SEGH Articles

Waste glass as a substrate for As removal from drinking waters in Bangladesh: a laboratory and field-based study

03 December 2011
This research project examines the application of recycled glass and waste stainless steel fragments as a practical medium for As removal at a household scale.

My name is Sultana Kudrati Khoda. I am from Bangladesh, studying for a PhD at the University of Brighton under the supervision of Professor Marie Harder and Professor Andy Cundy.  My research work is based on the "Arsenic removal from ground water using recycled glass granules and waste stainless steel fragments as a filter media. The experiments were performed in the laboratory of Brighton University and in Bangladesh with the technical support from Department of Soil, Water and Environment, University of Dhaka.

The study involves the shaking of glass granules and stainless steel fragments with synthetic arsenic solutions, filtration of synthetic arsenic solutions and natural arsenic contaminated water using both media and characterization of both media using SEM, XRD, PXRF and sequential extraction.

A number of low-cost natural and synthetic filtration media have been proposed for the removal of arsenic (As) from drinking water in areas such as Bangladesh, where exposure to environmental As is a major human health issue. This PhD research project examines the application of recycled glass and waste stainless steel fragments as a practical medium for As removal at a household scale. To assess the performance of recycled glass media as a practical filter bed, glass granules were differentiated by colour, size and mode of preparation (imploded and ground) and used as media for batch adsorption and column filtration experiments. As removal capacity was assessed using a prepared As (III) test solution.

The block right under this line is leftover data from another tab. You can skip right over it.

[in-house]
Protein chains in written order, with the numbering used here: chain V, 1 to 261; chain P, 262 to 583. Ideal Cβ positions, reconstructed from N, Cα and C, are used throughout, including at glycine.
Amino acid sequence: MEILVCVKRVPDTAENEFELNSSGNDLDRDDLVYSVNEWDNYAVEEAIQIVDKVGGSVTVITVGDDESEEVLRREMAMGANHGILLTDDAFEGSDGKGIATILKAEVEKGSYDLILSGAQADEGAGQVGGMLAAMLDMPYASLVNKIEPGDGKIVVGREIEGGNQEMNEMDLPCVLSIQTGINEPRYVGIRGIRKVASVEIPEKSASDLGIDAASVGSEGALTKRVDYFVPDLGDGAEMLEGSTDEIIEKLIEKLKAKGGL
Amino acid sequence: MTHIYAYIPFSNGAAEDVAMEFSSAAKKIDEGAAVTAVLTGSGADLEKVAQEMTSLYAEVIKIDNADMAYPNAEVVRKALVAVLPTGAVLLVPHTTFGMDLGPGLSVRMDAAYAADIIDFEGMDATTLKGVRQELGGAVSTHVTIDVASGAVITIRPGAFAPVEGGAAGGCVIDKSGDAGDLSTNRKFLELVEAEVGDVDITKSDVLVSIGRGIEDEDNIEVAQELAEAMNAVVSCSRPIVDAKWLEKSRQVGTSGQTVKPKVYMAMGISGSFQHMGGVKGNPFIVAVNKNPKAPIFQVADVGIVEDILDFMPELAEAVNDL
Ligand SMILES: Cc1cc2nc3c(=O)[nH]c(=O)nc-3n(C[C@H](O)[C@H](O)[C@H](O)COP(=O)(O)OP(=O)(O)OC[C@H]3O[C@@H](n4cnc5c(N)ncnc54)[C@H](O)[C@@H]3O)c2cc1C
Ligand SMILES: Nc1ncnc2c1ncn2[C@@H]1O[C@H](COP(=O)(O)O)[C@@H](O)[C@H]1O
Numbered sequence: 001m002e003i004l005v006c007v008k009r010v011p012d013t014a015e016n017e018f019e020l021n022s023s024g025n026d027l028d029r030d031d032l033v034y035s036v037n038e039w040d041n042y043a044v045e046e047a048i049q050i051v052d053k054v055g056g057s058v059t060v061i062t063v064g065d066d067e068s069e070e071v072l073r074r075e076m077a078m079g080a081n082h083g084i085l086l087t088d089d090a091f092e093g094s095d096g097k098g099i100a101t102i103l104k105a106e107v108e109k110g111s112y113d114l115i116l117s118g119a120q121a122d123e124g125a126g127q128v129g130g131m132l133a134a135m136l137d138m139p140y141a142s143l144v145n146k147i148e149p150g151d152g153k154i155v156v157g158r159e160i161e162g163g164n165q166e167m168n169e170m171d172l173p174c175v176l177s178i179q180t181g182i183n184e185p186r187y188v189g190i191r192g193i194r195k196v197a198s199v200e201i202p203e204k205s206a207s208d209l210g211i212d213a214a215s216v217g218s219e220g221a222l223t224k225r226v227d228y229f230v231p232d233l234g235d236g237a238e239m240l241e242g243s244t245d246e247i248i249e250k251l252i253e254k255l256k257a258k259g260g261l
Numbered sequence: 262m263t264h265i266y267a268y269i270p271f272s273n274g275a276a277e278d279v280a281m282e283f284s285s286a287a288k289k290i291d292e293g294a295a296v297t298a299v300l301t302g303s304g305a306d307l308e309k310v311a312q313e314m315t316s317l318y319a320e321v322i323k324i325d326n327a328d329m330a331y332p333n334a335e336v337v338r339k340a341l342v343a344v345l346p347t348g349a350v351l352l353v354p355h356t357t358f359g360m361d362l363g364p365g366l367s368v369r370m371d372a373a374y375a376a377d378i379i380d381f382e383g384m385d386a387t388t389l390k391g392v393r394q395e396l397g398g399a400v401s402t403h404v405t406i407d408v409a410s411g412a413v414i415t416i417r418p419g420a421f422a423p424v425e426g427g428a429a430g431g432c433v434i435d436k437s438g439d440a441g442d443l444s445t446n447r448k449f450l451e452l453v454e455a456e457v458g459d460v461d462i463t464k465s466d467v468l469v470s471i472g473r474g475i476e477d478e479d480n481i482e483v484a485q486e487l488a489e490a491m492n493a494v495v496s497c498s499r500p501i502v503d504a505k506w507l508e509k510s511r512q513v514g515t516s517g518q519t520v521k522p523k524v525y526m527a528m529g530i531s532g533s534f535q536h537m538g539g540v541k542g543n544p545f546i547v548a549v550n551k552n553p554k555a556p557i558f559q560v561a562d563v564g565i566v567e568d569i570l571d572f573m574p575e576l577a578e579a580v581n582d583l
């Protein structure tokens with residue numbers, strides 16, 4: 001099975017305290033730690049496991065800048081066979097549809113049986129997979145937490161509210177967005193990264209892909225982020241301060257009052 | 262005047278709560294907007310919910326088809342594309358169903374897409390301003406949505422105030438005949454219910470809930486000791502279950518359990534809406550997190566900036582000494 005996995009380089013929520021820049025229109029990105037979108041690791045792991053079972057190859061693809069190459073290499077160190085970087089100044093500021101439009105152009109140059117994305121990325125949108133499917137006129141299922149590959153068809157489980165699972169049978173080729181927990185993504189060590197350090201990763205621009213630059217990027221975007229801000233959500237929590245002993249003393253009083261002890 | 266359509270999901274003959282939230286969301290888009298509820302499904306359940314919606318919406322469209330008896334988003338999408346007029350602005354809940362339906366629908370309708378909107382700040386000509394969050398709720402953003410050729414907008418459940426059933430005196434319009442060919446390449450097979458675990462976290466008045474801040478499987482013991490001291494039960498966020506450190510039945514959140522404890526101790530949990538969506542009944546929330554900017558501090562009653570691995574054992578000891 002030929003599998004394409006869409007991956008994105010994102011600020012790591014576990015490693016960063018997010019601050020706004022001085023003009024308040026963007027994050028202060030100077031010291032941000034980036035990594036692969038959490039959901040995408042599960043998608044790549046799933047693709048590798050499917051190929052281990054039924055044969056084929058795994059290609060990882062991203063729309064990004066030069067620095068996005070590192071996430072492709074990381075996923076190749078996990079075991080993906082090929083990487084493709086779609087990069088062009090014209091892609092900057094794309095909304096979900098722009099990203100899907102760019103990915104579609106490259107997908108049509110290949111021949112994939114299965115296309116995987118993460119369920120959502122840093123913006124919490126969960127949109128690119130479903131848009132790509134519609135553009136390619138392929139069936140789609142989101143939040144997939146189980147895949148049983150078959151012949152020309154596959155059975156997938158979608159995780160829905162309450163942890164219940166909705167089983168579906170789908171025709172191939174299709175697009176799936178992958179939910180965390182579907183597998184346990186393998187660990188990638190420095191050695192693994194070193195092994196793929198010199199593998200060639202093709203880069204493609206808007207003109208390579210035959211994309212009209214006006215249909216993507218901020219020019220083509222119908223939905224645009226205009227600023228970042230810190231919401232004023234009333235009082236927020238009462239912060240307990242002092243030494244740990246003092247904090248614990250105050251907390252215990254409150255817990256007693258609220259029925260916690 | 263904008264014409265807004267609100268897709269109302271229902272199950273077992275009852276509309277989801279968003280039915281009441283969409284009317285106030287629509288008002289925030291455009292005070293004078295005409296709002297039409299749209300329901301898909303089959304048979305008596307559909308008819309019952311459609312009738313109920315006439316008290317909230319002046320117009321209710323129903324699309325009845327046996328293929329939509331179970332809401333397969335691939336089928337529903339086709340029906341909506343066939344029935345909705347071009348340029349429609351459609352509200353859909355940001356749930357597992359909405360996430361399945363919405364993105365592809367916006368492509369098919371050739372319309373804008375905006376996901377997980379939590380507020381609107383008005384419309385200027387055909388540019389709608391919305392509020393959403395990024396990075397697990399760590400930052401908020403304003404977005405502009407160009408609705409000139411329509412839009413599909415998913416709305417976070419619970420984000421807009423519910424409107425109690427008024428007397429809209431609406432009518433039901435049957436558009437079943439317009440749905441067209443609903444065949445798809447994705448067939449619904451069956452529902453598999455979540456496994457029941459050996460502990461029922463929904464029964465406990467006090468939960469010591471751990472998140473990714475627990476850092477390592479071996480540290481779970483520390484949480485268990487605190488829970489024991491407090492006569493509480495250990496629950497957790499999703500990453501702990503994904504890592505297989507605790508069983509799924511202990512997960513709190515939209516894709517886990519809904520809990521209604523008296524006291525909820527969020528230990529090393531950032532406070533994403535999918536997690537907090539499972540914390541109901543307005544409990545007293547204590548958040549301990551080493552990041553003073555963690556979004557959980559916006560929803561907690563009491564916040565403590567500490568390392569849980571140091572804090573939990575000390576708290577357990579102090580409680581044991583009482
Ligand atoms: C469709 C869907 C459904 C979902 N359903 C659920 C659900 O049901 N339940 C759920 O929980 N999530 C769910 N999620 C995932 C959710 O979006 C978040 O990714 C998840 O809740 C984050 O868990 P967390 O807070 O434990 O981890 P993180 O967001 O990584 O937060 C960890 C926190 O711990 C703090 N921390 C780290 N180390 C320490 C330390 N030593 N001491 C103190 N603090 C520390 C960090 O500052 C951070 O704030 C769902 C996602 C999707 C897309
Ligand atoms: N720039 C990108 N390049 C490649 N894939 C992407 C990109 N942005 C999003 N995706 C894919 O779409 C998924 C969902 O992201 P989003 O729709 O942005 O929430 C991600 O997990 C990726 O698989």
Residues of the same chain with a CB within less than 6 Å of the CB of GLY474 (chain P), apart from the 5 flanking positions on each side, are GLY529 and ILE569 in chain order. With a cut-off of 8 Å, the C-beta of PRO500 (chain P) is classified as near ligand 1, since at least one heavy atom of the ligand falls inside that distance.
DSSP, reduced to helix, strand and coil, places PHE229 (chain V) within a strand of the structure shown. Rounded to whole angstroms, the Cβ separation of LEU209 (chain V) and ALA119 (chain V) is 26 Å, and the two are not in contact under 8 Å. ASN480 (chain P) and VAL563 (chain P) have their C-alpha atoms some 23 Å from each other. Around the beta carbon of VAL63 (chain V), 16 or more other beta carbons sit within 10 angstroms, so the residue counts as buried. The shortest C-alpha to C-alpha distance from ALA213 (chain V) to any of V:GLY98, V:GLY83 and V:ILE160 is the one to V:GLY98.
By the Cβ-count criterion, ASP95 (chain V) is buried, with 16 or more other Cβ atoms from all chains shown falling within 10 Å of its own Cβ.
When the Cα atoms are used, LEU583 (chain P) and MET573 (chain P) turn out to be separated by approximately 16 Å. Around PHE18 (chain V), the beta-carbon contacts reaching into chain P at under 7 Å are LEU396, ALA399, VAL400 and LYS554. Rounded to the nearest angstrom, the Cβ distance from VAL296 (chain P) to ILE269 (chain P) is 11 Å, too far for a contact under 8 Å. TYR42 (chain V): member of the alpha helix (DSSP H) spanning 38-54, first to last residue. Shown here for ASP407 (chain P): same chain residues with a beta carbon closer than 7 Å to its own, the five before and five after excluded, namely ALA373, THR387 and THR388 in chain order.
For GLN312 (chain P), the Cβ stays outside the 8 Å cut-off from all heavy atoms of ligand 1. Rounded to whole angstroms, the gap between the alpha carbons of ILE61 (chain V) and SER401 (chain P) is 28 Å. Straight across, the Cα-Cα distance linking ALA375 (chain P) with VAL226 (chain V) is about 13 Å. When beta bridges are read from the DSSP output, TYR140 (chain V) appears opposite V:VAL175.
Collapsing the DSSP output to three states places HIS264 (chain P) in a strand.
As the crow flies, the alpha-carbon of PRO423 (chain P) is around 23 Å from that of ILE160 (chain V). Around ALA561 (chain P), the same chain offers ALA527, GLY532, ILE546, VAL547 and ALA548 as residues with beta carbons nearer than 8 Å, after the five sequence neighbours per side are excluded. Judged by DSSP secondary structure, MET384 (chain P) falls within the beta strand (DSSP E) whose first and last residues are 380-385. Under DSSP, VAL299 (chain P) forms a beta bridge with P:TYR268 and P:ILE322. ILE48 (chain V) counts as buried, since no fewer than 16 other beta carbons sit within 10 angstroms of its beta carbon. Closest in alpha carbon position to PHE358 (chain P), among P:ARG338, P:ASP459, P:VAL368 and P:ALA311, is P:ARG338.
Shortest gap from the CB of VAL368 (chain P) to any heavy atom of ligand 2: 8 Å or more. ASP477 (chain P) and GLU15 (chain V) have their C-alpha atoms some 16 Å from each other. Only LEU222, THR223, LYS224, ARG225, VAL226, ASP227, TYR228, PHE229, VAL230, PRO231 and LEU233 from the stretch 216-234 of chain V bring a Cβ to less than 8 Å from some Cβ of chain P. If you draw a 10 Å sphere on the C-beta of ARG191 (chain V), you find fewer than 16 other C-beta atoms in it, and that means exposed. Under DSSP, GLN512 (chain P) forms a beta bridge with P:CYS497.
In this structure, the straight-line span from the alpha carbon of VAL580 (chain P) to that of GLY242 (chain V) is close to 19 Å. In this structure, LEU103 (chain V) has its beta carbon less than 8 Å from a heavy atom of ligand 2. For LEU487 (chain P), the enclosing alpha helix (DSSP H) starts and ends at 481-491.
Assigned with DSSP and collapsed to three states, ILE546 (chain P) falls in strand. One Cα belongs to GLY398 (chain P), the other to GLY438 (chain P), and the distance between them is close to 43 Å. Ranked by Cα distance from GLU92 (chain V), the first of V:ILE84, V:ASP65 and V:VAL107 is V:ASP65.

Field experiments were also performed in Bangladesh using larger column filters (750ml volume) and local As-contaminated groundwater. Filter media made from recycled glass and waste stainless steel fragments (introduced during the recycling and preparation process of glass) were also characterised via SEM, XRD, PXRF, and sequential extraction experiments were performed on used filtration media to assess As removal and adsorption processes.

Results indicate that glass granules can remove As from drinking water at an efficiency suitable for household application. Arsenic removal efficiency depends on the presence of other ions such as Fe, Mn, P etc. in the treated water. The presence of waste stainless steel fragments in the filtration medium significantly improved adsorption capacity. The glass particle size and mode of size reduction was also found to influence the removal of As: smaller ground glass was better than imploded glass of the same size. The results, coupled with the low cost of waste glass, indicates that the glass should be investigated further for use in domestic water filtration for As.

Sultana Kudrati Khoda1, Andrew Cundy1, Marie Harder1, Imamul Huq2

Contact: sultanakhoda@yahoo.co.uk

1 Faculty of Science and Engineering, University of Brighton, Brighton, BN2 4GJ, UK.

2 Department of Soil, Water and Environment, University of Dhaka, Bangladesh.

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